A new UN report has laid bare Afghanistan’s crisis while we happily return minors back to a war zone.
“40 years of war and still the Syrians go ahead of us.” In the hot spots of the Aegean Islands, it’s a common complaint heard among young Afghan refugees. A complaint that often leads to tension and aggravation within the camps of Europe as they see many Syrian families leave the islands after their Afghan counterparts continue protracted stays. It is thus a complaint that is true.
Prior to a recent repatriation deal between the EU and Afghanistan, asylum applications for the UK alone had doubled in one year. In 2015, there were 1,337 asylum applications. And there were 2,690 in 2016. But the Home Office only granted 35% of these people asylum. In comparison, the Home Office granted 87% of Syrian applications.
Afghans are the second largest group to arrive in the Mediterranean after Syrians. But they only receive a 51% recognition rate overall, compared to the average 98% recognition of Syrian asylum claims.
The media have made the conflict in Syria well known. Yet Afghanistan still suffers. And the latest UN report shows that:
Afghanistan remains one of the most dangerous, and most violent, crisis ridden countries in the world. The continued deepening and geographic spread of the conflict has prompted a 13% increase in the number of people in need of humanitarian assistance in 2017, now 9.3 million.
According to the Institute for Economics and Peace, it is the third least peaceful country in the world after Syria and Iraq. And Afghanistan’s security situation has worsened even further in 2016.
Afghanistan has over half a million internally displaced people (IDP). This is on top of international Afghan refugees.
An average of 1,500 are forced to leave their home daily. The majority are children. They experience internal conflict and human rights abuses throughout the country. But lack of resources, and these large numbers, have strained health and humanitarian capacity to address the suffering.
Despite these harrowing numbers, the EU is happy to deport Afghan refugees back to Afghanistan. The deal will enable Europe to drastically reduce its own migration numbers. This is a move that has attracted great concern in light of the escalating violence there. Indications also suggest that the Afghan government had little choice in the matter, with the majority of the country’s economy dependent on foreign aid.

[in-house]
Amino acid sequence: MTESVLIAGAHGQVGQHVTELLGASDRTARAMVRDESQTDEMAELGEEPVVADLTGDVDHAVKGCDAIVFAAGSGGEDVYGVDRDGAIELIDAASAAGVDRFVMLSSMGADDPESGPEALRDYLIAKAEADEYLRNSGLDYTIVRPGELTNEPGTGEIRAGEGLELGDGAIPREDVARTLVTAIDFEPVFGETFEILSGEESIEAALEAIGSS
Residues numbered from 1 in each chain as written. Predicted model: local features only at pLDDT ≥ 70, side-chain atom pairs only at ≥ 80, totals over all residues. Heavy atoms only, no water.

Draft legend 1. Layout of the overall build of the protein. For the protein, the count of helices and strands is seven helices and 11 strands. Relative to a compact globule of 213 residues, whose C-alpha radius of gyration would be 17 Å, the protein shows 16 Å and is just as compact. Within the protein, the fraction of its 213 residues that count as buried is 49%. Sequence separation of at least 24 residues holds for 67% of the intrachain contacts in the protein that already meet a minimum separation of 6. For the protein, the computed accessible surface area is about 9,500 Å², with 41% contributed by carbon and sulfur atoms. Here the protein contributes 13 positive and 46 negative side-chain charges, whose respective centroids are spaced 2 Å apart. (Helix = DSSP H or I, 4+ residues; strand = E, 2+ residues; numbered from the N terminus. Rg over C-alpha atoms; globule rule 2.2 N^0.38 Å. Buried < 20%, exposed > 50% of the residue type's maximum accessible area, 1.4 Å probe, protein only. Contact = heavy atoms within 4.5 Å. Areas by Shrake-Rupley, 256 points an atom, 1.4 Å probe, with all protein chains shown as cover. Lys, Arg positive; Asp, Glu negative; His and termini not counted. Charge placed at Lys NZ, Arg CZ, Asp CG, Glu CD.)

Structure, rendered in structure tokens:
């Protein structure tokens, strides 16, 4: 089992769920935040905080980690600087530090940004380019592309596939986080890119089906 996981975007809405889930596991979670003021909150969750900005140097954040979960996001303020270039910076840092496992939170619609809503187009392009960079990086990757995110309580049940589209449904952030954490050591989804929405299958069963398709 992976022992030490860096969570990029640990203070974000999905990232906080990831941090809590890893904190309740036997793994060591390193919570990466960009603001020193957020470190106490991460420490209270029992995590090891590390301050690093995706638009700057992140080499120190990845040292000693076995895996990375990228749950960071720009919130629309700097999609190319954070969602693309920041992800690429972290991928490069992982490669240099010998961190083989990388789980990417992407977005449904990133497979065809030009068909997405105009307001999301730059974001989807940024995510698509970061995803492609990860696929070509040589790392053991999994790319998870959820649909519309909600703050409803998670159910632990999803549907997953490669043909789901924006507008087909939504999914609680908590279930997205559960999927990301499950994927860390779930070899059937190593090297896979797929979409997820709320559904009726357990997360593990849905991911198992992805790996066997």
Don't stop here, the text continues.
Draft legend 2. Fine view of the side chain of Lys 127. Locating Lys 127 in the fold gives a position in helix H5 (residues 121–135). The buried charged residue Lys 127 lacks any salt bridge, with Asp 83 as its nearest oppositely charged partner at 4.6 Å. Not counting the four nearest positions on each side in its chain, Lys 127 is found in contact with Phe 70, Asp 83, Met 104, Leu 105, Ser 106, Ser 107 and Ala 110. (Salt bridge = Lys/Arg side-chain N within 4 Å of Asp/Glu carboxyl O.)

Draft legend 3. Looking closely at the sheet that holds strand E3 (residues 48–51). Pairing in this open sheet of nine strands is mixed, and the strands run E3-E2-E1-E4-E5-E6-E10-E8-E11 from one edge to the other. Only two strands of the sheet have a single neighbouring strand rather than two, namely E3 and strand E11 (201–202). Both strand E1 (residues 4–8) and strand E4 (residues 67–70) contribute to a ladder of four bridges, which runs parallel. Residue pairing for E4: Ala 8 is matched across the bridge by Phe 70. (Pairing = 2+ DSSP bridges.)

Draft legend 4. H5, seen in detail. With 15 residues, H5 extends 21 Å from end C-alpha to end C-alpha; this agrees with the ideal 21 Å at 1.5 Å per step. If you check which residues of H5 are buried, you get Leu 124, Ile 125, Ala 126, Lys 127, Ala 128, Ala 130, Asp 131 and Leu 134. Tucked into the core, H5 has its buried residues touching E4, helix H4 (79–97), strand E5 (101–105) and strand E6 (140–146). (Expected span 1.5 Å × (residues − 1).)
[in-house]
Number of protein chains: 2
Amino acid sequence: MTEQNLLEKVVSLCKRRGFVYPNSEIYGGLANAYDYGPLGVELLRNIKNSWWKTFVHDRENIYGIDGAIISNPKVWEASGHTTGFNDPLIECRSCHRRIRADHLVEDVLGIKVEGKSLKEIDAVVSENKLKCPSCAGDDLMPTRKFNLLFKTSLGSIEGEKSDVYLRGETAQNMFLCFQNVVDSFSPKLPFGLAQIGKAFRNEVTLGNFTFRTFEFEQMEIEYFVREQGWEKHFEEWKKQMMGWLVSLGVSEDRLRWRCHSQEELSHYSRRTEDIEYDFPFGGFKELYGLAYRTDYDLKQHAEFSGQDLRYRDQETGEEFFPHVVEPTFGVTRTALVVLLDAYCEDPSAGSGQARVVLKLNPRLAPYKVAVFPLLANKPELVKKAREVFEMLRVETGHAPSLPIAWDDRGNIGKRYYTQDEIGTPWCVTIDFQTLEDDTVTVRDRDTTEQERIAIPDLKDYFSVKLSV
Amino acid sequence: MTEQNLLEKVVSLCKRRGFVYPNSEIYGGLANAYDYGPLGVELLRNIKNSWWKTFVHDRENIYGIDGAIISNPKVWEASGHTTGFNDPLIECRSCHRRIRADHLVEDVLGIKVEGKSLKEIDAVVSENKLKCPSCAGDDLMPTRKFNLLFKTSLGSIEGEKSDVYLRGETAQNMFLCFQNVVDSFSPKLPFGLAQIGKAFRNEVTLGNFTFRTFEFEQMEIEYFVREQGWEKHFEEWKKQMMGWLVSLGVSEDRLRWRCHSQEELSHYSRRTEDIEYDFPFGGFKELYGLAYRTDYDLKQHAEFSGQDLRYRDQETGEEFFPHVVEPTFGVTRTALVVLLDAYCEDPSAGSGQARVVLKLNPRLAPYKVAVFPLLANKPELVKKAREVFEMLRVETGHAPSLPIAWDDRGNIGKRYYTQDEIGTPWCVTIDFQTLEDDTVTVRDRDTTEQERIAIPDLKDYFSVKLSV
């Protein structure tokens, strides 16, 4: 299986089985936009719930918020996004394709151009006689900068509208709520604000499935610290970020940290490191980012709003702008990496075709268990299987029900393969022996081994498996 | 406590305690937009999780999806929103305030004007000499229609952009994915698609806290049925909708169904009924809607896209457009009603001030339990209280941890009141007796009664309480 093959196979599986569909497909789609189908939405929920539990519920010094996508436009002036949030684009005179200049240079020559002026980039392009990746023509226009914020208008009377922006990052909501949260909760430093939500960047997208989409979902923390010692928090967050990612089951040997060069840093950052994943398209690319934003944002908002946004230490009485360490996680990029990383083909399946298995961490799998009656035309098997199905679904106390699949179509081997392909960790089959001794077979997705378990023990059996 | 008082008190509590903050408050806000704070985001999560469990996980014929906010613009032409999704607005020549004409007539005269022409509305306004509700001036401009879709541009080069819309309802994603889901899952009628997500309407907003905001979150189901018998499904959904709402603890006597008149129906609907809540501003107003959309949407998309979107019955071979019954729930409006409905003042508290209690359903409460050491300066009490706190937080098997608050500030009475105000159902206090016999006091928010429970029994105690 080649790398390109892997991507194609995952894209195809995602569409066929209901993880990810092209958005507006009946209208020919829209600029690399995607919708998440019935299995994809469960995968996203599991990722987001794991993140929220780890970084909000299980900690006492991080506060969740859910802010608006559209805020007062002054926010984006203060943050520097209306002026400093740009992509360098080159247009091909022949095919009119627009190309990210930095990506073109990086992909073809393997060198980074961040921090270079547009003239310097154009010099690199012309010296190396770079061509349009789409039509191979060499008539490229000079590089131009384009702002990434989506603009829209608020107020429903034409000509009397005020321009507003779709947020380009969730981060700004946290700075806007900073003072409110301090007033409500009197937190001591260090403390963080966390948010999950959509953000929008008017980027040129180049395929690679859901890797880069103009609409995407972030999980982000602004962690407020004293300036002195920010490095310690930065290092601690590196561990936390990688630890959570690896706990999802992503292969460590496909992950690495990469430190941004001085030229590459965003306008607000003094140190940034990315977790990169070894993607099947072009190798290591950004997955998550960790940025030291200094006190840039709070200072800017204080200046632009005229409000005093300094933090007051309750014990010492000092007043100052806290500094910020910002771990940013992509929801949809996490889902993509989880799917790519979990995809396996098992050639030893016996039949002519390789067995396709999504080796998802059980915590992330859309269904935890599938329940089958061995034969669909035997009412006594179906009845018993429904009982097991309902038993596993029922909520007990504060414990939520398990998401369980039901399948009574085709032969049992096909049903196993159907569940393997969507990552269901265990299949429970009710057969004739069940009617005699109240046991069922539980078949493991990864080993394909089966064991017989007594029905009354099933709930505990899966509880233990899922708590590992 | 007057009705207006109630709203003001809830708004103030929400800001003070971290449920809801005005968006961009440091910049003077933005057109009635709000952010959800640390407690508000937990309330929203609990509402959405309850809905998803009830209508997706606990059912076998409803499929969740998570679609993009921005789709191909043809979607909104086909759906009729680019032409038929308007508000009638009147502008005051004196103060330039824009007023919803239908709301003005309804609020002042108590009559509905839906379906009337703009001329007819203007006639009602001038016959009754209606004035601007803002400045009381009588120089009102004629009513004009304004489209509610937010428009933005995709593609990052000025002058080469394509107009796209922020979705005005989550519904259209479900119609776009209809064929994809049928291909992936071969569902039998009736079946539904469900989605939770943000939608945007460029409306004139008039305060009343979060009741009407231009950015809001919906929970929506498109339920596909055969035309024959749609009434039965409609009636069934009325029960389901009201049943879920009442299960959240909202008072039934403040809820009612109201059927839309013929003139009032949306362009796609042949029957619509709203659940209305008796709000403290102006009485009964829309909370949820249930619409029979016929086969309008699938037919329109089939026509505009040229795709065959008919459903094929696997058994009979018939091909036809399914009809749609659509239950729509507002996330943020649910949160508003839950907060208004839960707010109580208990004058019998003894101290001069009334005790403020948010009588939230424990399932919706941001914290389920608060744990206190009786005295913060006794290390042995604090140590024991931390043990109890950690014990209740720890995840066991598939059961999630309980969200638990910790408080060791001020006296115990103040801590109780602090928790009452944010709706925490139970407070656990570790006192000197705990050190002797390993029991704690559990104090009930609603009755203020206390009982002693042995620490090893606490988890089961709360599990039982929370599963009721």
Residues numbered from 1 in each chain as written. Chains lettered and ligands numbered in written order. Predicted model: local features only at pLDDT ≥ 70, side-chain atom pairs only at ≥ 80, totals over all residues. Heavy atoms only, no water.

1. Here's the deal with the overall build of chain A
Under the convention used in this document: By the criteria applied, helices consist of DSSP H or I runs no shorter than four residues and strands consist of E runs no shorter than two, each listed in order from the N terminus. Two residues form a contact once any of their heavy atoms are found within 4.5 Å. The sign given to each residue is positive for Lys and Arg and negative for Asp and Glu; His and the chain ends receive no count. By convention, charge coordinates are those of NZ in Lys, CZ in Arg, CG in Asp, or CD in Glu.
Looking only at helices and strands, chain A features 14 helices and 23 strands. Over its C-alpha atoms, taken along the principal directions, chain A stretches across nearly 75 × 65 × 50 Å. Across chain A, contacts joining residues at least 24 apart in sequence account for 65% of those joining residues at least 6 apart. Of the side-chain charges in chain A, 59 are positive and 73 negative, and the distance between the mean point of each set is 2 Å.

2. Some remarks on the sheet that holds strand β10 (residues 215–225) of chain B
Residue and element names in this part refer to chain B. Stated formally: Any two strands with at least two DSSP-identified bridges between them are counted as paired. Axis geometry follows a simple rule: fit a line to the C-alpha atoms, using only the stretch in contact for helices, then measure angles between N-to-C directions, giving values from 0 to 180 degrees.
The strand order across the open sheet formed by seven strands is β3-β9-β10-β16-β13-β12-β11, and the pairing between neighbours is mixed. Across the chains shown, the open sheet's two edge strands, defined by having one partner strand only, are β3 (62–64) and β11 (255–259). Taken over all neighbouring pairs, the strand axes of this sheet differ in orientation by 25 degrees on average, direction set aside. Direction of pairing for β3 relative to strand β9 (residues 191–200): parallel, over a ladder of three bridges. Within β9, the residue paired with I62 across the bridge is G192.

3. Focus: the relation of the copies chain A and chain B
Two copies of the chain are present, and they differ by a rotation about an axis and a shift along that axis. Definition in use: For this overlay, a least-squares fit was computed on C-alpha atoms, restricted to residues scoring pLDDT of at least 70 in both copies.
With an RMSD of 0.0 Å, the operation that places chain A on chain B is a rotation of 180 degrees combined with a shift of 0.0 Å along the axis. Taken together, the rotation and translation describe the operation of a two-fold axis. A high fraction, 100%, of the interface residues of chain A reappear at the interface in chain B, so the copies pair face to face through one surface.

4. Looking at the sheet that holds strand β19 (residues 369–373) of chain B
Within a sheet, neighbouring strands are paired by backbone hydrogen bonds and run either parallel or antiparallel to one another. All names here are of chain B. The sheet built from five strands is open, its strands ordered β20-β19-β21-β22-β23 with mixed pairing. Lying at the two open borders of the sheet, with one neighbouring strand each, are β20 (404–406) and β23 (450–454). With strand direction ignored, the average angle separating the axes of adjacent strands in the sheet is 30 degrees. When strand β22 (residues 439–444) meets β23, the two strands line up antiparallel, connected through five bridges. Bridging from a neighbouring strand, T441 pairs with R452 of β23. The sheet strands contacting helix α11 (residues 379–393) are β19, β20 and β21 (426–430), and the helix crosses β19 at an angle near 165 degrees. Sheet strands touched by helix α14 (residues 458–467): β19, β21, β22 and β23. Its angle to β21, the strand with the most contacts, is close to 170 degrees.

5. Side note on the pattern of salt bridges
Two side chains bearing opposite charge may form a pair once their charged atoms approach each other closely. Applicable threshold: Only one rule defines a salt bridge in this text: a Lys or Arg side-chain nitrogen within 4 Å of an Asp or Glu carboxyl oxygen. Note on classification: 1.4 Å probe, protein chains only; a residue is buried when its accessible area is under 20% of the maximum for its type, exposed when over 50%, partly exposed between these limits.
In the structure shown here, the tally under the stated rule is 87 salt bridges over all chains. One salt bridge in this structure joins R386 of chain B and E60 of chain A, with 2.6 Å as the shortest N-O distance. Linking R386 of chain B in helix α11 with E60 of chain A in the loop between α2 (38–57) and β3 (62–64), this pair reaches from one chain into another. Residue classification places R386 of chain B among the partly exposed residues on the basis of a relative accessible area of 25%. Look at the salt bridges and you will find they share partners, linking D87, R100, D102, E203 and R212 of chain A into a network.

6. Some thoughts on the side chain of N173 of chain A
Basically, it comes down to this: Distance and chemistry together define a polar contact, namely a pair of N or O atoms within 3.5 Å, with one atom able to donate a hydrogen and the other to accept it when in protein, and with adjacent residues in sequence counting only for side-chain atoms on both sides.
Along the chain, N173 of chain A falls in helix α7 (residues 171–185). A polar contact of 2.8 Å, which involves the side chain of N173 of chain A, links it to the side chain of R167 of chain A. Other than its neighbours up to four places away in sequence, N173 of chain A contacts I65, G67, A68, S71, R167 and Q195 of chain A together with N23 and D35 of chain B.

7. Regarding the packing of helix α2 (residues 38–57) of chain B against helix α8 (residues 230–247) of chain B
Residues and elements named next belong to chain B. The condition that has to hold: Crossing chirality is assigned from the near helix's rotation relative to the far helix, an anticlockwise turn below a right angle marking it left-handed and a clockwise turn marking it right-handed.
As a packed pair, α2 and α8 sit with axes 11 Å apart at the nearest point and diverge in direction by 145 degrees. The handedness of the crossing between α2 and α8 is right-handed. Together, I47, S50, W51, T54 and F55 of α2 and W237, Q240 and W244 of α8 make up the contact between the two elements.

British Prime Minister Theresa May has pledged extra staff to help fast-track the deportation process. And in May 2016, the government removed a blanket ban on deportation of under-age Afghan refugees.
Yet another crisis
Now, returnees will add to the burgeoning IDP crisis in Afghanistan itself, along with 600,000 deported from neighbouring Pakistan. And they could well face the same problems. According to the report:
56% of the displaced are children and face particular risk of abuse, and exploitation, as well as interrupted school attendance and harmful child labour. Multiple forms of GBV, particularly early and forced marriage, domestic, psychological, and sexual abuse are reported, affecting individuals in hosting and displaced communities alike. Further, a lack, or loss of civil documentation, with difficulties in obtaining documents outside of the province of origin, regularly results in hindered access to services for considerable numbers of affected individuals.
There is no need to dispute the need for Syrians to escalate through the asylum process. But many conflicts in the region are comparable in their impact on individuals. The truth is we have not run out of room. We have just run out of compassion.
Featured image via Flikr/Hashoofoundation USA
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